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Collapse of the vacuum in hexagonal graphene quantum dots: A comparative study between tight-binding and mean-field Hubbard models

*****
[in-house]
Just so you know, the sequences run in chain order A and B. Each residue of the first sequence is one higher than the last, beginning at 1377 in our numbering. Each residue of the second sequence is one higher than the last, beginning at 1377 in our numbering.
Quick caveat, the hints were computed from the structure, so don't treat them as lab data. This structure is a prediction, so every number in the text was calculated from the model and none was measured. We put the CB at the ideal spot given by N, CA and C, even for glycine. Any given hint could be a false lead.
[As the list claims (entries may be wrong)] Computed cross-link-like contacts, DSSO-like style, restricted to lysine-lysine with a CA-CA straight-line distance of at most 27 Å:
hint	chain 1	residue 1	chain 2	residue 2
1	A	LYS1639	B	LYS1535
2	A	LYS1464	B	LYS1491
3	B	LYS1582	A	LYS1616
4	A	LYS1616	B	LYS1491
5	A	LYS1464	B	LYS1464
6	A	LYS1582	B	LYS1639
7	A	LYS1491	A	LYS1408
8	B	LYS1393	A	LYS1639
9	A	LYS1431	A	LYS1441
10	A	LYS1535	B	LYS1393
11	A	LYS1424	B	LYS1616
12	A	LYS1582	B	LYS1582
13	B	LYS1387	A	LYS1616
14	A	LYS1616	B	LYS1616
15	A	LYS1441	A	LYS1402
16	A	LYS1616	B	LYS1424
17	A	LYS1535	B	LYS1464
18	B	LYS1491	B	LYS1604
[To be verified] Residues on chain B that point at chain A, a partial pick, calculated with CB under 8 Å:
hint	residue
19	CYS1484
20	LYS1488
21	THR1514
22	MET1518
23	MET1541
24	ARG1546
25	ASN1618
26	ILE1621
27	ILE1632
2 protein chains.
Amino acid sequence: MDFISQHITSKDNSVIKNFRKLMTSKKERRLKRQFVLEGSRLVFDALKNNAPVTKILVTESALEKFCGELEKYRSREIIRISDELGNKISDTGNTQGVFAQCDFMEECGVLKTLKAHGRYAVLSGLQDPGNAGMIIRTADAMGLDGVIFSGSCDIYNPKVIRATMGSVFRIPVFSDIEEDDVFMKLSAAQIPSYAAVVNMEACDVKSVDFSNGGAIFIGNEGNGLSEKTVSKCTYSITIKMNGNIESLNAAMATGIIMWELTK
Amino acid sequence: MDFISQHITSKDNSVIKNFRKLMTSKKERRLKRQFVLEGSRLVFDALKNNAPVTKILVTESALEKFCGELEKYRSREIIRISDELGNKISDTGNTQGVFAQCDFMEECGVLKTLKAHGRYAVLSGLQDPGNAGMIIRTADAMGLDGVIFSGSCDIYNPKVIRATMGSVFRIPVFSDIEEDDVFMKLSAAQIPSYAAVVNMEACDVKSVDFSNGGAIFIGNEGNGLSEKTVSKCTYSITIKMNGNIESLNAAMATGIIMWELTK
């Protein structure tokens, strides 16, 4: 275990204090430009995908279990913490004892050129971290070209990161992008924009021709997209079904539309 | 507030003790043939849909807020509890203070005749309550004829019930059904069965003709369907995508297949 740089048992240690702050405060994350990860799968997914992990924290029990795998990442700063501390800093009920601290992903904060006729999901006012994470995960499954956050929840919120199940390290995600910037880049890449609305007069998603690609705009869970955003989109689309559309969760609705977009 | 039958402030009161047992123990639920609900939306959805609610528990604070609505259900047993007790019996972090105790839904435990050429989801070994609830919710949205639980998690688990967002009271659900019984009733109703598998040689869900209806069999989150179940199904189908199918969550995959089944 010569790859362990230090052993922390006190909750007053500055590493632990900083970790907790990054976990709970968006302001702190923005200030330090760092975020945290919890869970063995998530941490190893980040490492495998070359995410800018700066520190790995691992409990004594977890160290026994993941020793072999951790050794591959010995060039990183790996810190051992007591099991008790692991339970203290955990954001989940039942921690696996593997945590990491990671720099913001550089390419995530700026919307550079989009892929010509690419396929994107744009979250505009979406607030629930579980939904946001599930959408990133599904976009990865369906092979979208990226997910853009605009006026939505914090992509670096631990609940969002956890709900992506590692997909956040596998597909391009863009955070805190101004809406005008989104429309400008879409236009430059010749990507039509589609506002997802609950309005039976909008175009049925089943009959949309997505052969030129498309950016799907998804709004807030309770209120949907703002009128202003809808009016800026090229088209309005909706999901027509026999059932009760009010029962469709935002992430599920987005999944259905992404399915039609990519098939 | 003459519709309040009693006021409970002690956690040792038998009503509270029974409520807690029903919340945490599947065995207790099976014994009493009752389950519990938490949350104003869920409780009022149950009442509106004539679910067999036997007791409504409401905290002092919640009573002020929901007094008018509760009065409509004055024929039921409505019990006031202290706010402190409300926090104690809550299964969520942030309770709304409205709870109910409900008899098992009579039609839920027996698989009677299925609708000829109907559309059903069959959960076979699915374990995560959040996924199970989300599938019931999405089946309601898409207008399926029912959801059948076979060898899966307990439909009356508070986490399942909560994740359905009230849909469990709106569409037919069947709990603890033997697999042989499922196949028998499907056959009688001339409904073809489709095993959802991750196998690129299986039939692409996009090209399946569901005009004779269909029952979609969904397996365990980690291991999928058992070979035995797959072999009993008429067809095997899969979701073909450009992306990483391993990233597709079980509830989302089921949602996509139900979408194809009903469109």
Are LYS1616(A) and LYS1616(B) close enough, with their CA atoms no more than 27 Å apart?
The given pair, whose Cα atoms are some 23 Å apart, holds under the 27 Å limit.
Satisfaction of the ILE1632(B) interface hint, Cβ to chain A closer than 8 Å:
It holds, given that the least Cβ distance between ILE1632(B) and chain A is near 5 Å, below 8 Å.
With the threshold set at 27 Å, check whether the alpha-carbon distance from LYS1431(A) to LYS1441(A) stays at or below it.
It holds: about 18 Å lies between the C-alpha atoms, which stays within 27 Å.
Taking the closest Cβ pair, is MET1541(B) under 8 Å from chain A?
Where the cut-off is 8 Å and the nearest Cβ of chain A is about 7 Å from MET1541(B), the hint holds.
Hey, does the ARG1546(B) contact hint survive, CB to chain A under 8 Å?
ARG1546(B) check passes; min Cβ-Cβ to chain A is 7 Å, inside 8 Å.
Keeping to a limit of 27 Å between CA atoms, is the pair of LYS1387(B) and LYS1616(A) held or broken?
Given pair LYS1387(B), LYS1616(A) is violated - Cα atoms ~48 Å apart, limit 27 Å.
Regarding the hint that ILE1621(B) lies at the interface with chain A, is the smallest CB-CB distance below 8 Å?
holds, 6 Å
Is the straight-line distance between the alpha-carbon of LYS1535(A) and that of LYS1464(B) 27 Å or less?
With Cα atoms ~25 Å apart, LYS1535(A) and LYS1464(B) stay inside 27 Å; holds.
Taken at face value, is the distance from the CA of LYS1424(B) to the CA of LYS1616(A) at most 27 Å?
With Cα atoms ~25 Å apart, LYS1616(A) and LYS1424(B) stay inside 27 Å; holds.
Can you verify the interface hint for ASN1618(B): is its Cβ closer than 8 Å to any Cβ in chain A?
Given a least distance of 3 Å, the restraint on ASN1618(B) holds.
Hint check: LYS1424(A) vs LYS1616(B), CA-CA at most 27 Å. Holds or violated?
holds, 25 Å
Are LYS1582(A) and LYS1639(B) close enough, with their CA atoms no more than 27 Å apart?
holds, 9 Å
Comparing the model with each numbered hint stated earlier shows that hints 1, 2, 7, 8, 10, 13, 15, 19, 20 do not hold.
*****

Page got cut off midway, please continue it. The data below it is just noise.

In this paper, we perform a systematic study on the electronic, magnetic, and transport properties of the hexagonal graphene quantum dots (GQDs) with armchair edges in the presence of a charged impurity using two different configurations: (1) a central Coulomb potential and (2) a positively charged carbon vacancy. The tight-binding and the half-filled extended Hubbard models are numerically solved and compared with each other in order to reveal the effect of electron interactions and system sizes. Numerical results point out that off-site Coulomb repulsion leads to an increase in the critical coupling constant to beta(c) = 0.6 for a central Coulomb potential. This critical value of beta is found to be independent of the GQD size, reflecting its universality even in the presence of electron-electron interactions. In addition, a sudden downshift in the transmission peaks shows a clear signature of the transition from subcritical beta < beta(c) to the supercritical beta > beta(c) regime. On the other hand, for a positively charged vacancy, collapse of the lowest bound state occurs at beta(c) = 0.7 for the interacting case. Interestingly, the local magnetic moment, induced by a bare carbon vacancy, is totally quenched when the vacancy is subcritically charged, whereas the valley splittings in electron and hole channels continue to exist in both regimes.